It took just a few minutes of paddling and orienting ourselves before we both realized that this was the absolute coolest thing we had ever experienced.  The sun was shining brightly – something that hadn’t really happened for us yet.  The penguin colonies on the surrounding islands were alive with energy.  They were jumping in the water, often swimming up next to our kayaks and jumping alongside us as we paddled.  The icebergs were fantastically white, floating in water so clear you could see their bases deep inside the ocean.

We navigated through floating ice rivers, around icebergs where seals were sunbathing, up against rocks where penguins were mating and preparing their nests for their upcoming eggs.  We heard ice shelves breaking off, falling into the water, creating small tsunamis that we navigated through in our kayaks.  This was one of the moments in my life where I tell myself, “Remember this.  Engrain everything about this into your brain.  You don’t want to forget this.”  I was floating in a tiny piece of plastic, on the surface of The Southern Ocean, at the bottom of our planet, in a place where only seals, penguins, and whales get to touch this water.  I was so far away from anything even remotely close to what I call home.  I felt like I had gone to an afterlife.  Everything, literally everything, was white.  The sky was a perfect white.  The mounds of snow and rock were white.  The icebergs were white.  Everything was white.  A perfectly clean, untouched, heavenly white.  There wasn’t a single color to be seen.  Just white.

That afternoon, in a location nearby, we took our final zodiac tour.  The weather was worsening, as our captain and crew had predicated, so we only had about an hour to explore on zodiacs.  But you better believe that every person who wanted one last taste of Antarctica was on those zodiacs, bundled up, cameras in hand, and ready to feel Antarctica one last time.  We saw our final penguins belly flop into the waters.  We saw our last waddles.  We navigated around large icebergs.  We just saw.  And then, out of the blue, we saw a whale’s tail.  And suddenly, just 10 meters from our zodiac, a humpback whale came to the surface and did an overly grand dive out of the water, arching it’s back so we could see the enormity of it.  Slow and graceful, just for us.  He was gone as quickly as he came, and while we continued to search for more whales, the experience of a humpback so close to us was unbeatable.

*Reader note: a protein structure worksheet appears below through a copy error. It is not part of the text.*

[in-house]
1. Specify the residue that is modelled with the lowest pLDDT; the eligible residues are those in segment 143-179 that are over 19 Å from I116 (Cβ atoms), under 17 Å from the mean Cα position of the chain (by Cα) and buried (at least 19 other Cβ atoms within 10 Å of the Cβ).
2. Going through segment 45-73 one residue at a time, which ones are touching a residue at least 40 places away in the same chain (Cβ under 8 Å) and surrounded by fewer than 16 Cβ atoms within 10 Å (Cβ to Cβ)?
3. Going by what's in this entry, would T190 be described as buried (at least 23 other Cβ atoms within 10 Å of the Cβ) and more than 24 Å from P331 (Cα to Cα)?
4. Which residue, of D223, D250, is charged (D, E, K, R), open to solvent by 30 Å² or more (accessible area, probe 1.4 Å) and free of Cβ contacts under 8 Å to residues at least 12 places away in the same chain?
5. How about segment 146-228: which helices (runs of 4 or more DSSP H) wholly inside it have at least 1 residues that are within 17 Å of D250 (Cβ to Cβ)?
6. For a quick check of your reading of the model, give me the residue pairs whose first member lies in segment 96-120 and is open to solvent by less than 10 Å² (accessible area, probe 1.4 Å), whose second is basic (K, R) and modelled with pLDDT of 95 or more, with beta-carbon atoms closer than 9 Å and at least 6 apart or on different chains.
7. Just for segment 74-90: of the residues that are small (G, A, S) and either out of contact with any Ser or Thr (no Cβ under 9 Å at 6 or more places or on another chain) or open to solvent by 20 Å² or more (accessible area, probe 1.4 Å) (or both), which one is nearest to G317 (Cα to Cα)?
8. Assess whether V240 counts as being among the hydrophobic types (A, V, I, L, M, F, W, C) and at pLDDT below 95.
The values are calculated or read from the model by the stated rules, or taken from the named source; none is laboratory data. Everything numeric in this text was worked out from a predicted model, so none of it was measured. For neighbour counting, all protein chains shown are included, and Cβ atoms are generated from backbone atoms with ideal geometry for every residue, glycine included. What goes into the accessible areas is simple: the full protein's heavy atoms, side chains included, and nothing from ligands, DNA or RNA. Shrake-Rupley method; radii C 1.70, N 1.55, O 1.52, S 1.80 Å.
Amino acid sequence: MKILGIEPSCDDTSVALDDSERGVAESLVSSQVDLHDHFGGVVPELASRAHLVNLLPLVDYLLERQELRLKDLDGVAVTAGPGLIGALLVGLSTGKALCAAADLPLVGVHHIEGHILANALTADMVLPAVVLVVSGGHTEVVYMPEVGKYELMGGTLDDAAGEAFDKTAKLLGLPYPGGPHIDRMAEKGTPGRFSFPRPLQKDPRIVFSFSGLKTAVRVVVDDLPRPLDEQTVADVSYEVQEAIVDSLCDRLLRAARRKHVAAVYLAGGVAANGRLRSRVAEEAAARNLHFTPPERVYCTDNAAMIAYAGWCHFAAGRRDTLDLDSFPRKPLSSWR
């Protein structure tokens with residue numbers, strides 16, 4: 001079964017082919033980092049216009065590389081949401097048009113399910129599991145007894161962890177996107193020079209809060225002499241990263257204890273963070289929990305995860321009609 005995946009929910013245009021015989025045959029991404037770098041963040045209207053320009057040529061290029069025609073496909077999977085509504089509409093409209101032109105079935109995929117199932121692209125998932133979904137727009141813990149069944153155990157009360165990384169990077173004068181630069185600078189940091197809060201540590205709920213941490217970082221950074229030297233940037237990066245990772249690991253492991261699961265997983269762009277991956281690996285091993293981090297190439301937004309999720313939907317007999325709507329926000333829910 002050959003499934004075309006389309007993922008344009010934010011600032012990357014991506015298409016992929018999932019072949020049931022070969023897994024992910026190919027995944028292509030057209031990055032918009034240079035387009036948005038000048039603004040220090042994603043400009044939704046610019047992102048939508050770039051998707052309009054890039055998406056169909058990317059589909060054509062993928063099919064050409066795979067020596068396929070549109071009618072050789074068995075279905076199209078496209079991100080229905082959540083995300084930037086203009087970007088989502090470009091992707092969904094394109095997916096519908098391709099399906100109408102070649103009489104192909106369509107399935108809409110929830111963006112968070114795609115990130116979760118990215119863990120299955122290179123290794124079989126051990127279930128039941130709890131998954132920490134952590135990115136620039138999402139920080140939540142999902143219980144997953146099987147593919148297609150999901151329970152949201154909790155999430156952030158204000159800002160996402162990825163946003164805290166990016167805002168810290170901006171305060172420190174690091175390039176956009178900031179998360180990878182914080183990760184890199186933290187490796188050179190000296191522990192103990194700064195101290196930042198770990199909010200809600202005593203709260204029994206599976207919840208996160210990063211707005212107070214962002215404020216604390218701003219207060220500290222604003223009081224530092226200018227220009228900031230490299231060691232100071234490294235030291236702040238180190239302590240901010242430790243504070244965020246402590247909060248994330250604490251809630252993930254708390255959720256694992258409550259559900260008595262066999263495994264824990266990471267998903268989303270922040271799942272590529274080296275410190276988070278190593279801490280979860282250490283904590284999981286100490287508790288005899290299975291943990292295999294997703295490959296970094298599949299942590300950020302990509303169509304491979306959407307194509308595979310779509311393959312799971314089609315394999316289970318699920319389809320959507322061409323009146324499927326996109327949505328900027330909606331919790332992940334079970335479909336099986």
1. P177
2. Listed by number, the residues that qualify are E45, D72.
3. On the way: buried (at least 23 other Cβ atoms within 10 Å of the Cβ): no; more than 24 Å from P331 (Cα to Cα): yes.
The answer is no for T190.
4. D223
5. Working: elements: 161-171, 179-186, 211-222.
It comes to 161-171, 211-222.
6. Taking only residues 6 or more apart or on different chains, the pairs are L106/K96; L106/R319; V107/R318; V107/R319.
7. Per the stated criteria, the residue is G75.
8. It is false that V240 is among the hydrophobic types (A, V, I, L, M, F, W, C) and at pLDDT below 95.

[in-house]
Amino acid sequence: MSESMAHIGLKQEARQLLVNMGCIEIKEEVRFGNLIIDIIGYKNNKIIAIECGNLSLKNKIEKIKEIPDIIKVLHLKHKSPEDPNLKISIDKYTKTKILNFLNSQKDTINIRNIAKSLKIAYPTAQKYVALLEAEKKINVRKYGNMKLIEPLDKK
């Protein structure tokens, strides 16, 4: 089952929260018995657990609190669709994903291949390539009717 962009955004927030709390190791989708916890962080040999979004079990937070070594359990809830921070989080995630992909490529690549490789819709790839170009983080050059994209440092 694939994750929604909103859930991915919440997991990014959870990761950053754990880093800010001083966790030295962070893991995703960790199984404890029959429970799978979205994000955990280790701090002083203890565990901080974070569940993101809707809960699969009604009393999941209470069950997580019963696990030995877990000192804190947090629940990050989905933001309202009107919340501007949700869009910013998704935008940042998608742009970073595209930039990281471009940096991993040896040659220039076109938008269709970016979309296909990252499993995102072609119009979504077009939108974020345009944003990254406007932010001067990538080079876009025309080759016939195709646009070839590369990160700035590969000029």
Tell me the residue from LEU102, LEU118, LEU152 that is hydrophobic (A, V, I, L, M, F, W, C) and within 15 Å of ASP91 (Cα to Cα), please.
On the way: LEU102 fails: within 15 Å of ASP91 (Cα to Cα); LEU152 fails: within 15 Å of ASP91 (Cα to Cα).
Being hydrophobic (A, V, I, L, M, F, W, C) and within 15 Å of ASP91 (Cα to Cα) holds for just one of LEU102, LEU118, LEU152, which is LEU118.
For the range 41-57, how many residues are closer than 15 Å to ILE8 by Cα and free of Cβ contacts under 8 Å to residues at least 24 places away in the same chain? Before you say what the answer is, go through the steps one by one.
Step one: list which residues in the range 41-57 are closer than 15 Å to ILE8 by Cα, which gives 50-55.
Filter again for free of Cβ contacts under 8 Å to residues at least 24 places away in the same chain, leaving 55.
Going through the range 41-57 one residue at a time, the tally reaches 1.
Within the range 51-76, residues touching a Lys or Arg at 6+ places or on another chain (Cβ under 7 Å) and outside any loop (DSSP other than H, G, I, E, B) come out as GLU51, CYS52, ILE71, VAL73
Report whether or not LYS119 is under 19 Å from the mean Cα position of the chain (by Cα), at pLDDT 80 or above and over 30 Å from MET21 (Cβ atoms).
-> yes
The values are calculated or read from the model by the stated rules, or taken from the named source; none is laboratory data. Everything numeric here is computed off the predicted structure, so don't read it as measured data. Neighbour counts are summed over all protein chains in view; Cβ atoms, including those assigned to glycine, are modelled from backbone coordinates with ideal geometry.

It was a perfect last day in Antarctica.  The next three days were much like the first three.  We started to put our belongings back in drawers, laid my wheelchair safely on its side, slid several inches back and forth on our beds as we slept and fought the seasickness.  But we were different this time.  We had experienced something so profound that we all knew it would take days, weeks, to process the intensity of this trip.  It was grueling in a physical way, but the emotional response of something so grandiose isn’t a feeling that can be processed overnight.  It’s a life altering experience, to feel something that so few people experience.  It’s a privilege to be with the penguins and ice, and to know that your eyes might be the first to see that very site.

As I reflect on this trip, now over a week behind me, I wonder how a place with no human beings can be so profound.  I’ve always found beauty in the people I meet around the world.  It’s my favorite part, hearing their stories, letting them touch my life in an unexpected way.  And yet, I feel touched in an unexpected, outstandingly powerful way after being in Antarctica.  The stillness of it, the beauty of it, the magical disconnect from the rest of the world has invoked a calmness within me that is so surprisingly unexpected.